Critic 'pans' Shield nickel design in 1866
- Published: Apr 29, 2016, 5 AM
The Joys of Collecting column from May 16, 2016, Weekly issue of Coin World:
If you have a copy of the May monthly issue of Coin World you will see that an 1866 Shield 5-cent coin, the first year of issue, is valued at $4,750 in Proof 66 grade.
If you turn to the September 1866 issue of the American Journal of Numismatics, you will find that a Proof Shield nickel, just released, could be ordered from the Mint for 10 cents. If only your great-grandfather had ordered 100 of them and kept them to pass down the family to you. His investment would be worth $475,000 today!
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On the other hand, if your theoretical ancestor had read this review on the same page of the journal, perhaps he would not have ordered even one! Under the heading “The New Five Cent Piece” the writer opined:
“I have at length succeeded, by the help of a friend, in obtaining a proof (?) set of the one, two, three, and five cent pieces of 1866; and, inasmuch as the latter piece, particularly, is an ‘original,’ both in design and workmanship, perhaps a description of it may prove acceptable.
“I say it is an ‘original,’ because I have seen nothing like it in my collection …
“On the obverse of this remarkable coin, the first thing that attracts the attention, is a very elaborate and highly ornamented gridiron [frying pan], the clumsy handle of which appears to be broken from the body, thus rendering this culinary utensil almost useless. The upper part and sides of this gridiron are hung with leaves of some sort, strongly reminding one of the savory bunches of herbs displayed in a market-house in autumn, or of a green grocer’s sign in huckleberry time. Perhaps the same accident that severed the handle of the gridiron also fractured the lower part, for we notice that it is there skewered by two arrows, pointing in opposite directions. The motto ‘In God we trust,’ is very opportune, for the inventor of this coin may rest assured that the devil will never forgive him for such an abortion.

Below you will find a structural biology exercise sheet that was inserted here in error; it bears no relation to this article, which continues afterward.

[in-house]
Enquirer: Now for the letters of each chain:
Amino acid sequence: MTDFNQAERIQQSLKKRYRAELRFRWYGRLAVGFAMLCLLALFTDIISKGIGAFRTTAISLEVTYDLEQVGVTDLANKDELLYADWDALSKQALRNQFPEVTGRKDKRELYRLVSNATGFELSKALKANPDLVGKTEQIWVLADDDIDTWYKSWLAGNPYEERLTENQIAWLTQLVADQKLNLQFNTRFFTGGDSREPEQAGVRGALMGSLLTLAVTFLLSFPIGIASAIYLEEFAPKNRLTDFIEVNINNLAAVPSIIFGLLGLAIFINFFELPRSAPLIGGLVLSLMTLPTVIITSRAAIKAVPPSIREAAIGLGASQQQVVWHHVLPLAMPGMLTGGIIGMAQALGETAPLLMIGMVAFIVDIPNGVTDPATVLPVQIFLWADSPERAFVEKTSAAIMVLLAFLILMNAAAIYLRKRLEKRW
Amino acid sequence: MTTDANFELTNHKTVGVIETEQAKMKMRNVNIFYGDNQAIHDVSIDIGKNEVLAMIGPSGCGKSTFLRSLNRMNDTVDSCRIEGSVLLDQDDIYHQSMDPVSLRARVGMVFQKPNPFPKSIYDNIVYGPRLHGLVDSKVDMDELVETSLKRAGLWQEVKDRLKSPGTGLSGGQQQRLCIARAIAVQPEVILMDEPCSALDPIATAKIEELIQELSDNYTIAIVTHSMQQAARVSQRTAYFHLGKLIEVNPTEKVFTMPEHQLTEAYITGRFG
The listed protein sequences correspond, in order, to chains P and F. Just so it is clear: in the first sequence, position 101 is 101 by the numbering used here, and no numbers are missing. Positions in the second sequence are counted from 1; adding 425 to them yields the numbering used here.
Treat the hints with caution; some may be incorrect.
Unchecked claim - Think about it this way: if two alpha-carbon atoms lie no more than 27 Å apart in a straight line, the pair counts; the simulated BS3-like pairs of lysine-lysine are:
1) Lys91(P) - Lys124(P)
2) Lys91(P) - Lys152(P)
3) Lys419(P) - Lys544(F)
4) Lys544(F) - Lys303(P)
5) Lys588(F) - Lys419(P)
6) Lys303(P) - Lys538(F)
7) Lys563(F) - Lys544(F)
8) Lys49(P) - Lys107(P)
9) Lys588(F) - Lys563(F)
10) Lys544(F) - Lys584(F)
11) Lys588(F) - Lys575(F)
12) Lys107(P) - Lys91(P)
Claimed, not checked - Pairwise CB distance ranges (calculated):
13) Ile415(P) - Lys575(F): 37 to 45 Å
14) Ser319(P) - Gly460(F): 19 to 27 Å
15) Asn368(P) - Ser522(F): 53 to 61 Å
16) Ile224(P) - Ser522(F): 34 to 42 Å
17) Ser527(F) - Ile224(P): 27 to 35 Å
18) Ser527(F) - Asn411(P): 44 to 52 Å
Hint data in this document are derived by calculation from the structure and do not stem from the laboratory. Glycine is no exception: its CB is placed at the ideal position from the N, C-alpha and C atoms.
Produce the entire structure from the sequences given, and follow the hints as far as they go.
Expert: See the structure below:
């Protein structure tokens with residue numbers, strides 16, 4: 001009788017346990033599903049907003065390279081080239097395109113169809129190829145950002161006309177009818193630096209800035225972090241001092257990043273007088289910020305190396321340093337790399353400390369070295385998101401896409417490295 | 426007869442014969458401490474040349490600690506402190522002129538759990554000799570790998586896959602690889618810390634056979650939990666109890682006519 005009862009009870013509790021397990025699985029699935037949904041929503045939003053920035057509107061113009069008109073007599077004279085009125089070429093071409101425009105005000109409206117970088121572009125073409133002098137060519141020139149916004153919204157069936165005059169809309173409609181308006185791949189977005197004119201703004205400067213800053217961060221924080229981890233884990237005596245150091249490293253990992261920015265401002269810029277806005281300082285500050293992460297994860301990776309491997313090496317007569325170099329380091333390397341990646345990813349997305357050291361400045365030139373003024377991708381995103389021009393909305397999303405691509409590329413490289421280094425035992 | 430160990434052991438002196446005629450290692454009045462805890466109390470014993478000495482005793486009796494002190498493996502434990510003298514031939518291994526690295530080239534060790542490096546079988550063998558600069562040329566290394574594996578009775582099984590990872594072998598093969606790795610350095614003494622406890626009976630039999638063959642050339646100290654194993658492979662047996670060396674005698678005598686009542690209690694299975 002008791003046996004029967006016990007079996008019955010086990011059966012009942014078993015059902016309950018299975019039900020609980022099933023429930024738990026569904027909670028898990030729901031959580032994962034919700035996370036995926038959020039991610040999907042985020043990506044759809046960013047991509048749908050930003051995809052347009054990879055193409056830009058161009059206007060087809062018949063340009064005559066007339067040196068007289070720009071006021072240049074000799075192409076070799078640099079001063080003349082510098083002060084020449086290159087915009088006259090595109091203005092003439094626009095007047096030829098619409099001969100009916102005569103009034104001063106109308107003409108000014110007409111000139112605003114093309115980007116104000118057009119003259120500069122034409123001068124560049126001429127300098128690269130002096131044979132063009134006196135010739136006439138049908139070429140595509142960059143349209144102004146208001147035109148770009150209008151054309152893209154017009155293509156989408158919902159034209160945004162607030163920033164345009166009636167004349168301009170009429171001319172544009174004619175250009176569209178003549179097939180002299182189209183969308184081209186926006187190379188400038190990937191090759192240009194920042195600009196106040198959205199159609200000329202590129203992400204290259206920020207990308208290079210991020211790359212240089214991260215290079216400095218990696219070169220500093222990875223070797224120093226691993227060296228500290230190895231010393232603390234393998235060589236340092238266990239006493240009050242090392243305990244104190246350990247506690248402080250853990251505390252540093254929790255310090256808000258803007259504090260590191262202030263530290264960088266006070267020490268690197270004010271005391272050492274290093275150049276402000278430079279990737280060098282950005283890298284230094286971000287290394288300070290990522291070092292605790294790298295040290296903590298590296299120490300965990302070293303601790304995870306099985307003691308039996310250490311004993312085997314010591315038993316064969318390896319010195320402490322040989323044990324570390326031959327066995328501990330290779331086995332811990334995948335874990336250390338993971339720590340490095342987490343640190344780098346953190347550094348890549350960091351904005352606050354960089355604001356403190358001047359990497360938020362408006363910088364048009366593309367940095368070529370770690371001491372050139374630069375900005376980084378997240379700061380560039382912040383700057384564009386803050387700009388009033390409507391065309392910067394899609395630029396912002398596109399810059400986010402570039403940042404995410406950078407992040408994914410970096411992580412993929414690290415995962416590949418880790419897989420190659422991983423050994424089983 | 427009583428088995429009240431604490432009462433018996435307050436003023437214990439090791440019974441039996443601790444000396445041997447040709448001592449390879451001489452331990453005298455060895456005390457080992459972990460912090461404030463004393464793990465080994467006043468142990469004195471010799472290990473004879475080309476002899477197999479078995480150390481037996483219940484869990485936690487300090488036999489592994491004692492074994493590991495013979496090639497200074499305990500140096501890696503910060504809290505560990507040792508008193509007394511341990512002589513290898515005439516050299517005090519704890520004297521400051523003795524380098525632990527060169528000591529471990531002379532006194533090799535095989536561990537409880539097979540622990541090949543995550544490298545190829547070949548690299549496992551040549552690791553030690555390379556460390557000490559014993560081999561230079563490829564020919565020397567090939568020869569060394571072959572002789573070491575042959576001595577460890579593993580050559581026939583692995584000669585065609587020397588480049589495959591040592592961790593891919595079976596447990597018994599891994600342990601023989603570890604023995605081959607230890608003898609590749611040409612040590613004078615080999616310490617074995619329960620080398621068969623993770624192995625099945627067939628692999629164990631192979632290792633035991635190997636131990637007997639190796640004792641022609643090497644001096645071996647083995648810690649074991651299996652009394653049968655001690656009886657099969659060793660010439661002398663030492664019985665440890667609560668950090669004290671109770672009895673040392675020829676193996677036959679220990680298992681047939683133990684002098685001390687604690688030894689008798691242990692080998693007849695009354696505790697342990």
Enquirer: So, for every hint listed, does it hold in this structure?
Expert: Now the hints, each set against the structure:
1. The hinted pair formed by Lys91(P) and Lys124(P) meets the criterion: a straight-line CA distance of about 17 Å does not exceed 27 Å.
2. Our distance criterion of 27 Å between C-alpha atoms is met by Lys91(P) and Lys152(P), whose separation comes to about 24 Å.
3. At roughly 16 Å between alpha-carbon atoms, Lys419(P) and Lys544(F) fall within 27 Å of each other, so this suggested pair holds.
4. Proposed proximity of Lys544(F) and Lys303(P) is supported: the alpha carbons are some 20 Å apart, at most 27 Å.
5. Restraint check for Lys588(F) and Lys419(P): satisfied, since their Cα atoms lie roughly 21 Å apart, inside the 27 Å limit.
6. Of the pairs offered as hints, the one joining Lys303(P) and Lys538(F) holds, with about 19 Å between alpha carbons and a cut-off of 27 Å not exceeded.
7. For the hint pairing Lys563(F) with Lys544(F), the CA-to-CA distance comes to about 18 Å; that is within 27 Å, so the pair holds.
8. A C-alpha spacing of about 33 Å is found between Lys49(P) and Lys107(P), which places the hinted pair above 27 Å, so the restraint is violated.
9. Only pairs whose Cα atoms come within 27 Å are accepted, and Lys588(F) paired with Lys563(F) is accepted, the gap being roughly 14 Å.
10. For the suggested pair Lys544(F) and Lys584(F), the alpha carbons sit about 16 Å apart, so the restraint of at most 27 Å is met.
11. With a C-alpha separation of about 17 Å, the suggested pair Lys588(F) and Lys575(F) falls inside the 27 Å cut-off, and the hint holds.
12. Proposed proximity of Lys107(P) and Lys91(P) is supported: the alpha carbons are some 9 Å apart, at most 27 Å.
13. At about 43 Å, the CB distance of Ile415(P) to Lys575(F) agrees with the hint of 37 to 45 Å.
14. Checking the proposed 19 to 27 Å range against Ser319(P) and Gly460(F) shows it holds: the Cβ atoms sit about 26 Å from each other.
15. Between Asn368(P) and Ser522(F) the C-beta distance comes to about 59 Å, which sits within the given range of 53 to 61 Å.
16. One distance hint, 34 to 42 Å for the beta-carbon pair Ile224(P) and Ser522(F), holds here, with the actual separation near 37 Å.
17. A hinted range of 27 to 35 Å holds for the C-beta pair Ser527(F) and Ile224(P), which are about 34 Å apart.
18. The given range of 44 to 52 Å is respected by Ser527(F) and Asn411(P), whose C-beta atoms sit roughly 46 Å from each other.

“The reverse of this thing is less objectionable, for the inventor appears to have almost exhausted his remarkable skill on the obverse. However, he has made a ‘bold push’ and brought forth something. Here we have a circle of stars intersected by thirteen bars of three scratches each … The make-up of this coin is completed by the insertion in the field, of a big, loud 5 with ‘cents’ in the exergue … Mr. Editor, did we ever have another such coin?”
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